At Wingu Academy, we’re all about delivering innovate teaching methods, and helping your child on their learning path to success – and it all culminates in the dreaded ‘exam’ word!

You can probably remember exams as a child. The reclusive hours of study, the heart-thumping nervousness in the exam room, the feeling of dread when you can’t remember the answer to a question! It can be daunting, and just as much so for parents because we know how hard it is, and only want what’s best for our child.

As much as there are a variety of new assessment methods, exams are still vitally important for teaching students skills like: dedication, ability to work under pressure, and a commitment to practice and preparation.

It’s an opportunity for children to build their confidence and apply their knowledge, which is critical for their future endeavours.

So, here are our top 5 methods for parents to help their kids ace exams

1. Maintain a healthy diet

According to research, while the brain represents just 2% of a person’s total body weight, it accounts for 20% of the body’s energy use. A brain’s activity also increases when performing more demanding tasks. It’s therefore important for children to eat nutritious foods that release energy slowly.

Whole-wheat bread, eggs and fruit are good breakfast choices to help keep the brain consistently alert. Sugary foods result in mood and concentration swings. The best superfoods for the brain include oily fish, berries, nuts and seeds, and green vegetables like broccoli and kale.

2. Routine

Helping your child develop a study routine will prepare them for achieving higher exam scores. Set up a time and place for regular studying. The place shouldn’t have posters, a TV or anything that could distract the learner. The study area should have a desk with plenty of space for books, pens and pencils.

The lighting shouldn’t be too bright, but not too dim. Adding some background music is also proven to boost exam scores. Background music helps children not to feel abandoned while studying. Soft classical music works well, but music with vocals should be avoided.

Help your child set up their own timetable for when they plan to commit to studying – this gives them a sense of ownership rather than it feeling forced upon them. Some research suggests study periods of 40 minutes.  

There is also the well-known Pomodoro method, which suggests working in 25 minute chunks with 5 minute breaks. Here’s how to set up the Pomodoro technique.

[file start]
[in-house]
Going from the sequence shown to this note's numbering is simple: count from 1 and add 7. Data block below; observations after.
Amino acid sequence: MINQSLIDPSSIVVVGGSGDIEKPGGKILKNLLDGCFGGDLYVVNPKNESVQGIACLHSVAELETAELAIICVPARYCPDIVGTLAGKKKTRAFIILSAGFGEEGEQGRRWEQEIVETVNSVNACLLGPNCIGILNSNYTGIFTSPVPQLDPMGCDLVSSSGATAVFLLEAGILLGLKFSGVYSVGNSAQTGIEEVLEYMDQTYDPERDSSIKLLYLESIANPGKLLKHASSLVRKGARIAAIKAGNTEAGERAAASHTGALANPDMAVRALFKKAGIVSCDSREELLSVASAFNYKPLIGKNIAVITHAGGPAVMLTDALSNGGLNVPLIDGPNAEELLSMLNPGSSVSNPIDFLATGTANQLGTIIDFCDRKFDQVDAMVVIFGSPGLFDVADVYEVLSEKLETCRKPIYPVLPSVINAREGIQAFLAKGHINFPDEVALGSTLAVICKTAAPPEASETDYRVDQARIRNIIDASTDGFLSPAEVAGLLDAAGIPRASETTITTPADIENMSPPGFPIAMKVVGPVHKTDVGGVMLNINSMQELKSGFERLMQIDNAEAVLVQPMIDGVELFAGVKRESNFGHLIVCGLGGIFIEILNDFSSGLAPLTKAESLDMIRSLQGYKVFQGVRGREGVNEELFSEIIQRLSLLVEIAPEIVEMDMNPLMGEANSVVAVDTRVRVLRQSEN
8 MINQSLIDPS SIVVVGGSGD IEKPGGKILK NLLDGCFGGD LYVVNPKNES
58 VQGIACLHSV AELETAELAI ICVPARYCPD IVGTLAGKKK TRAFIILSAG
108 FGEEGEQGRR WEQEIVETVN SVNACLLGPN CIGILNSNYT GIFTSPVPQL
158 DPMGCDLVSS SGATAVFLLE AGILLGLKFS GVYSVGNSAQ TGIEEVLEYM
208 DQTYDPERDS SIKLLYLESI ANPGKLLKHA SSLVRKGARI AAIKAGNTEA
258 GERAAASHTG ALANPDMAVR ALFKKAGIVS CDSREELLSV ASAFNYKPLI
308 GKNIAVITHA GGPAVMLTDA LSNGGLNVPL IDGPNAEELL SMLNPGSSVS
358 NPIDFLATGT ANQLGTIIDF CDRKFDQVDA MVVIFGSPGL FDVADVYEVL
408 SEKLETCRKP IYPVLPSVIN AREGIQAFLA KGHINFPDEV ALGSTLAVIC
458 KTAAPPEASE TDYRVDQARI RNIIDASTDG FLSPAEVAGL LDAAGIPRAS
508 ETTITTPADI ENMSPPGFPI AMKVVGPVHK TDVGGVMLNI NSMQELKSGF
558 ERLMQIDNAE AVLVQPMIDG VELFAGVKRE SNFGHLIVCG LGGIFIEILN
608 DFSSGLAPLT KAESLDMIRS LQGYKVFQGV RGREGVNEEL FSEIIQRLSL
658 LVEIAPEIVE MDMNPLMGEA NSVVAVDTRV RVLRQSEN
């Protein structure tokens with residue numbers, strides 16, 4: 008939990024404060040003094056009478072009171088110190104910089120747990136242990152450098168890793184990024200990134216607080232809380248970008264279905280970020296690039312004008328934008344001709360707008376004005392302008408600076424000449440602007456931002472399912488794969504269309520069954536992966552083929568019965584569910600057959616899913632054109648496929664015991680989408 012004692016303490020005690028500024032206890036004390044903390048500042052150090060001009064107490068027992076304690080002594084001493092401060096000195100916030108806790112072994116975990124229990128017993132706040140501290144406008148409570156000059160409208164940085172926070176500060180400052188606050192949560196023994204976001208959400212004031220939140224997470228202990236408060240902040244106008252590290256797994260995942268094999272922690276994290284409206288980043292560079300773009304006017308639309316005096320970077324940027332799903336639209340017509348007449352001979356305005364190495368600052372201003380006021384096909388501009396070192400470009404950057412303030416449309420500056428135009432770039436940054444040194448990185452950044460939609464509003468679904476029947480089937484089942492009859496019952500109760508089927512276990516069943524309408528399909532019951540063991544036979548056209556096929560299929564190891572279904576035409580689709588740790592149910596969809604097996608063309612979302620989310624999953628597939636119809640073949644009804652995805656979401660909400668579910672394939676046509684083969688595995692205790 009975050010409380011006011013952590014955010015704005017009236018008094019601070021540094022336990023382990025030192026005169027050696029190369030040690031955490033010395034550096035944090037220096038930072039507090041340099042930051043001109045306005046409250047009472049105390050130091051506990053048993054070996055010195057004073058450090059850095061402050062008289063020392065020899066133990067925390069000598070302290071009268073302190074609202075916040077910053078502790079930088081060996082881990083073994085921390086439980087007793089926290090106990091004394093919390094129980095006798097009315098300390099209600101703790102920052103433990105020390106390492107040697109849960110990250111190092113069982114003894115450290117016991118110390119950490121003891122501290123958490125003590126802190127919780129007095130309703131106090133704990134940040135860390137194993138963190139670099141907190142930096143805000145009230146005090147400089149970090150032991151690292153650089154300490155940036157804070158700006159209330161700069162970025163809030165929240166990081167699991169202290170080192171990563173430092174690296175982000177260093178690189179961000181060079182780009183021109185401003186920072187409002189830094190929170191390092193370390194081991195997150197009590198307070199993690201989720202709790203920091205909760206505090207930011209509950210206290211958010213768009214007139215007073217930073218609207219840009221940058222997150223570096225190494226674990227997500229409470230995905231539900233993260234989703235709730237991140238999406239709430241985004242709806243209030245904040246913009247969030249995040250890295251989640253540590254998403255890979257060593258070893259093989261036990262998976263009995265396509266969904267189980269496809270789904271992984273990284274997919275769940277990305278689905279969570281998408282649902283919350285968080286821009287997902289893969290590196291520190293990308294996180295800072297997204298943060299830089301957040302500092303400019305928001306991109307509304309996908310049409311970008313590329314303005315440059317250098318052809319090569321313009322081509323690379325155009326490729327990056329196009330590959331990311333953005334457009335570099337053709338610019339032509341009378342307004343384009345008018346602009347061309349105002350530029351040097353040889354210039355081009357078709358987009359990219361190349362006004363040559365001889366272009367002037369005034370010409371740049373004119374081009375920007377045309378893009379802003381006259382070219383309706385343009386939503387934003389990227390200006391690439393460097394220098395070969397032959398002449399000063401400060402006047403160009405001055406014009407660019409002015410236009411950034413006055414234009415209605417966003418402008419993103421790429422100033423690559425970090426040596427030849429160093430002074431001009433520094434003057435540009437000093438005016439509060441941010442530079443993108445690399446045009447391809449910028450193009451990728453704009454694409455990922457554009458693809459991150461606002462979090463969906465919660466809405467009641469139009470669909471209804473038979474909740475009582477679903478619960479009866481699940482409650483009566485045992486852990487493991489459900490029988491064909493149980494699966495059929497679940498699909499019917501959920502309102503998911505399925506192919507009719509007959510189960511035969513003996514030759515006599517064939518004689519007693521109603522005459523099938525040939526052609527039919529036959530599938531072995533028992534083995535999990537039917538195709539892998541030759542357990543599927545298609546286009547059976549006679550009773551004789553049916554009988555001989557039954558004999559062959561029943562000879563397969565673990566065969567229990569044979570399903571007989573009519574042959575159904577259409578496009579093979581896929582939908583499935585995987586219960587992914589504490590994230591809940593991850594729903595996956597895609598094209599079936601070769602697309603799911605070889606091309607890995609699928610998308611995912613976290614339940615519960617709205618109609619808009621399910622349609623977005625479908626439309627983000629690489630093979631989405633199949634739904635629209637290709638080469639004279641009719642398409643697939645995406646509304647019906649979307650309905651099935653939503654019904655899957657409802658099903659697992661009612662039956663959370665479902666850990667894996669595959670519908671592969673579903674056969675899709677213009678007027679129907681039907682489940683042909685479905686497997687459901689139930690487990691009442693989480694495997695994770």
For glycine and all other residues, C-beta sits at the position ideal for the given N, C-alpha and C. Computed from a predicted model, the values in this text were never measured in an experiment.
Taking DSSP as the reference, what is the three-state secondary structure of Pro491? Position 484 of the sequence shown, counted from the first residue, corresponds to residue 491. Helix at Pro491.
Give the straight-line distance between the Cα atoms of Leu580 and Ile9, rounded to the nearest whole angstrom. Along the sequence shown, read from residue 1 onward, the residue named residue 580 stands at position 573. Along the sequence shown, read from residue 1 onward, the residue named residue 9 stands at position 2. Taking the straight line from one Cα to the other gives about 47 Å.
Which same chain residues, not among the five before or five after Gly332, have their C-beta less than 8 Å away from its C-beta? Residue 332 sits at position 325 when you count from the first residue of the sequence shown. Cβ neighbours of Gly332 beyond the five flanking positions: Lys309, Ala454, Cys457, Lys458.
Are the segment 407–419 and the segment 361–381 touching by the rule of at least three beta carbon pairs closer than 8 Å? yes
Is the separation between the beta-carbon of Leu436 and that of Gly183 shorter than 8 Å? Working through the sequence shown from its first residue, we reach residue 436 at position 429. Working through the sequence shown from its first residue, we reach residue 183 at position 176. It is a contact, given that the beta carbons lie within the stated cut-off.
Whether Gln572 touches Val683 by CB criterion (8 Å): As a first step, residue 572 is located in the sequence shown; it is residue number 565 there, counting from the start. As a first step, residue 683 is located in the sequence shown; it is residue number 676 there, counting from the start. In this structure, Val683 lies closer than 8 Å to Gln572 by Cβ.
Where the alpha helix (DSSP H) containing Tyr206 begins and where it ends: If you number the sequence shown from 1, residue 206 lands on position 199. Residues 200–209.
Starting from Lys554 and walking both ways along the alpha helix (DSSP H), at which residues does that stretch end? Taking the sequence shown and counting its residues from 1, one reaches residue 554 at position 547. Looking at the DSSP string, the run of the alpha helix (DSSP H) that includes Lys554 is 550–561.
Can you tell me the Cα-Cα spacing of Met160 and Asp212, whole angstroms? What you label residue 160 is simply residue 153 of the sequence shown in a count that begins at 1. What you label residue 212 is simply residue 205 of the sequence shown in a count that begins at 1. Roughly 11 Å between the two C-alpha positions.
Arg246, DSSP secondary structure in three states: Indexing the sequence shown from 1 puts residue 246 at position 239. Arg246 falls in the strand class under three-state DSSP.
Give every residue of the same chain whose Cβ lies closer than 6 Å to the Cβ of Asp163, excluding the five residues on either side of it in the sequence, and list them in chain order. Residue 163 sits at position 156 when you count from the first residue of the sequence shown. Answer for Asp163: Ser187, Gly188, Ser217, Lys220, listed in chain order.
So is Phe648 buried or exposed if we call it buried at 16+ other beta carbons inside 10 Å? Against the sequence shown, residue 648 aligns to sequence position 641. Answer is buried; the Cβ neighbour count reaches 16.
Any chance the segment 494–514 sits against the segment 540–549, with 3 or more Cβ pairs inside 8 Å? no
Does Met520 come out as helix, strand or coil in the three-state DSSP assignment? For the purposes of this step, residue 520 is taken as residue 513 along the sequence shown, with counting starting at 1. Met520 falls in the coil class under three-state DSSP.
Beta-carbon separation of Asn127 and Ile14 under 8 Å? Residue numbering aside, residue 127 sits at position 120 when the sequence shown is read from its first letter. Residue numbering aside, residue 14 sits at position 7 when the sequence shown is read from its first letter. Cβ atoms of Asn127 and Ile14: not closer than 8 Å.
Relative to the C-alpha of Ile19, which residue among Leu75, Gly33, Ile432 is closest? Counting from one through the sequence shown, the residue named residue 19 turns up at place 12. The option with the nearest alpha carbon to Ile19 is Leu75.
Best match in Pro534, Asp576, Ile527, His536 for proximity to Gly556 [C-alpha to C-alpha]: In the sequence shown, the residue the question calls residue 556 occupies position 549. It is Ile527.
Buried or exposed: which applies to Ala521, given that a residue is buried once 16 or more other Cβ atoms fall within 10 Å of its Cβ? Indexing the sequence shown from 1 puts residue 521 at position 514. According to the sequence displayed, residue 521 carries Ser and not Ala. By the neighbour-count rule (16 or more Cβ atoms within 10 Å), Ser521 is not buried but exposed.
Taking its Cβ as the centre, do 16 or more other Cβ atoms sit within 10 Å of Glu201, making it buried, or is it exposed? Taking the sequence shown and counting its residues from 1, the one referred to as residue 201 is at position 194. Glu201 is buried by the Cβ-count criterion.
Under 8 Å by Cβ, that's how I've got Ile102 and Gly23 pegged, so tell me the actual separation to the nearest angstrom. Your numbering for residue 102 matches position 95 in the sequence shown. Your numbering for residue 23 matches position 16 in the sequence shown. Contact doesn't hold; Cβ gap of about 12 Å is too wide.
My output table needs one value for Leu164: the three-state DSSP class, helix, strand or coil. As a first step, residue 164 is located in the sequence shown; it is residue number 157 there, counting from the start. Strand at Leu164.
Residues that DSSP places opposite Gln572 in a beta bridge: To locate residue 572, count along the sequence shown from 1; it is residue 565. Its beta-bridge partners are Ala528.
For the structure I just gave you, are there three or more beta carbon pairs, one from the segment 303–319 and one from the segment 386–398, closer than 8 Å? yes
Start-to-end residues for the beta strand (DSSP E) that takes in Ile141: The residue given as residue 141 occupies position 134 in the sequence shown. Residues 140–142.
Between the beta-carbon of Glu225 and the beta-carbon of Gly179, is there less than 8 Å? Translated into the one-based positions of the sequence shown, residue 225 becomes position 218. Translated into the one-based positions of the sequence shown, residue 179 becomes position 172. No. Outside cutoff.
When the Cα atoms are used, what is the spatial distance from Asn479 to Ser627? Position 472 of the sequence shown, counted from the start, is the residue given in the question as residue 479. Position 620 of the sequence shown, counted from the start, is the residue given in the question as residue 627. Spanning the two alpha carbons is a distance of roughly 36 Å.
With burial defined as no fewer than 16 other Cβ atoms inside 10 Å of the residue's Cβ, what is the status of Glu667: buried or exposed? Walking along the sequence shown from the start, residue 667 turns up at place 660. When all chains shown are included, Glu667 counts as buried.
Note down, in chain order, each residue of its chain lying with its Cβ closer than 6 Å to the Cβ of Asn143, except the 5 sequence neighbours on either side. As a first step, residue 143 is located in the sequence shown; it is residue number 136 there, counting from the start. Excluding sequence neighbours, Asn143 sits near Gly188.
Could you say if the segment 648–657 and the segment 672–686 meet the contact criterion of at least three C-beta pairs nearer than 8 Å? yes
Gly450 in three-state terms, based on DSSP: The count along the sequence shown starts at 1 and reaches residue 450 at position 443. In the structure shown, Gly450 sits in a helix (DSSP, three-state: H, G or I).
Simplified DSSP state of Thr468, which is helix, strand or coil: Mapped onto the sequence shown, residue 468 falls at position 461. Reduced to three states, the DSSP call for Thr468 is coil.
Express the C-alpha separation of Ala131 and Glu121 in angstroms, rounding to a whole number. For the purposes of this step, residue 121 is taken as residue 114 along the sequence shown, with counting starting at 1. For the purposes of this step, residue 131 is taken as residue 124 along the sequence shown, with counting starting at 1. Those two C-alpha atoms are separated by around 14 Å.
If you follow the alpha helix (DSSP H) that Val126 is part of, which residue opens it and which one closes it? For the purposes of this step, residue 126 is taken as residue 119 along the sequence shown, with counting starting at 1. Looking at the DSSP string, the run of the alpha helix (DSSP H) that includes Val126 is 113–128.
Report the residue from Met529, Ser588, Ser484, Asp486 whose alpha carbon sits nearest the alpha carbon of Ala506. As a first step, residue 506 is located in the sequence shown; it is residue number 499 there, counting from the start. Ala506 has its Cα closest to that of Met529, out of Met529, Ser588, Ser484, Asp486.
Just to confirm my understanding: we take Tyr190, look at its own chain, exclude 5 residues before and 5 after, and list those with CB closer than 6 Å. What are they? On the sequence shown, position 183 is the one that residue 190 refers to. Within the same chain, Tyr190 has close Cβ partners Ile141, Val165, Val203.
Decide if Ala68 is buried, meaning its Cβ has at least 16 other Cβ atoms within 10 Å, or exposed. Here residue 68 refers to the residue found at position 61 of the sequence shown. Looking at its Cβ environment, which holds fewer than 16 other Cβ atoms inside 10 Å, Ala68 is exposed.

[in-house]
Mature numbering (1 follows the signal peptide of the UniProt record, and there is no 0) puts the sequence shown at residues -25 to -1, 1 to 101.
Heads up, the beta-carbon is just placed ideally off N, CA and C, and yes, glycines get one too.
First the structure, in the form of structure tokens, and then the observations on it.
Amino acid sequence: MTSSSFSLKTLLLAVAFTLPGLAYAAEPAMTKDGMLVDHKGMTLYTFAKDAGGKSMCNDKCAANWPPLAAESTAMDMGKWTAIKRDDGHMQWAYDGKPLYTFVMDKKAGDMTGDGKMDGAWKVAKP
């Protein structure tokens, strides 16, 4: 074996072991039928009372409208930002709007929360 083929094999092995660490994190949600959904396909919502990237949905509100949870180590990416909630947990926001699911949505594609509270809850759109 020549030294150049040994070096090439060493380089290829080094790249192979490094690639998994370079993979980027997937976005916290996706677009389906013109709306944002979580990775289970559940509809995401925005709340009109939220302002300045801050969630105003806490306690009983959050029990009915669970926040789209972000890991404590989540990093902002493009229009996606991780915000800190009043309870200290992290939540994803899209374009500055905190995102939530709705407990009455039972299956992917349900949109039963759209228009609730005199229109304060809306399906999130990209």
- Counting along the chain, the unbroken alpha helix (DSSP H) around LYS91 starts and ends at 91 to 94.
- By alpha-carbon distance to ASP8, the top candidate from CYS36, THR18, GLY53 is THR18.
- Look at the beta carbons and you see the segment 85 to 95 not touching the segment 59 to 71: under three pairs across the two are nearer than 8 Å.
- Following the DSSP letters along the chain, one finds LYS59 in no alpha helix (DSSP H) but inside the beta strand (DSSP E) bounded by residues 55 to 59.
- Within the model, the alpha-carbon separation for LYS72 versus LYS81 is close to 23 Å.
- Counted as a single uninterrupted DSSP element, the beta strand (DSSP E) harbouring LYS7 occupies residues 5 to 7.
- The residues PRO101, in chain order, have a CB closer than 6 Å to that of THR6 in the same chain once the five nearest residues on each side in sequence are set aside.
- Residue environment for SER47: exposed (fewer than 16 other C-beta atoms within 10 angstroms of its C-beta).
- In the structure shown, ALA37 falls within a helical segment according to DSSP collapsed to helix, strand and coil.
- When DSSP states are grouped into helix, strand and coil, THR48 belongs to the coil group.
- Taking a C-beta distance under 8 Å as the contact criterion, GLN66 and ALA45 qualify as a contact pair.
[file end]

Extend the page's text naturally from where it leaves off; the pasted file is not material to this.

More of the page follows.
3. Make learning fun

To help your child ace their exams, it’s important to cultivate a sense of learning throughout the year, as opposed to cramming at the end. Engaging children in a fun way helps them retain information over time. For example, when travelling, give them a map and make it their responsibility to direct you.

You can also relate what they’re learning to something they’re familiar with. For example, if they’re studying animals in biology, encourage them to look at birds in the garden to get a different view from what’s in the text book.

Mind-mapping is another popular method that helps children digest large chucks of information. Encourage them to write a central word or concept on a piece of paper, and around that word write another ten relating ideas. Then take those words and again write another ten ideas. This also encourages creative thinking, and especially works for visual learners. Learn more about mind-mapping.

Have you ever tried Mnemonics? This method involves remembering the first letter in a sequence of words in a list. For example:

EADGBE – Elephants and Donkeys Grow Big Ears

This mnemonic is useful for remembering the strings of a guitar in proper order from left to right.

4. Introduce creative sprints

Creativity boosts the brain, and studying for exams is often left-brain centric. Encourage your child to break this up by short bursts of creative exercises during the day. For example, get them to think of as many uses for a pair of tweezers as they can. It doesn’t have to be logical, just fun. You can try it with other objects like a brick, paint, toothbrush etc. 

5. Ace your exams on the day

Preparation is key to acing those exams, but so is performance on the day. Encourage a good night’s sleep, and avoid cramming until the last minute.

Help your child practice breath-work, by slowing down their breathing: inhaling for a count of three, holding for three and exhaling for three. When they get into the exam room, instead of wasting time thinking about all the things they don’t know, rather advise them to take a few deep breaths. Then, skim over the exam paper first, underlining key words and instructions. They should start with answering the questions they are sure of first, rather than wasting time thinking about the answers for the other ones. Then, they should go back to the ones they are unsure of.

Give them a lucky charm! Research suggests that carrying a lucky charm can build confidence and reduce anxiety.

2021 has been a year full of changes and challenges, and this final hurdle in the school year is almost over, and we’re here to see you through until the end!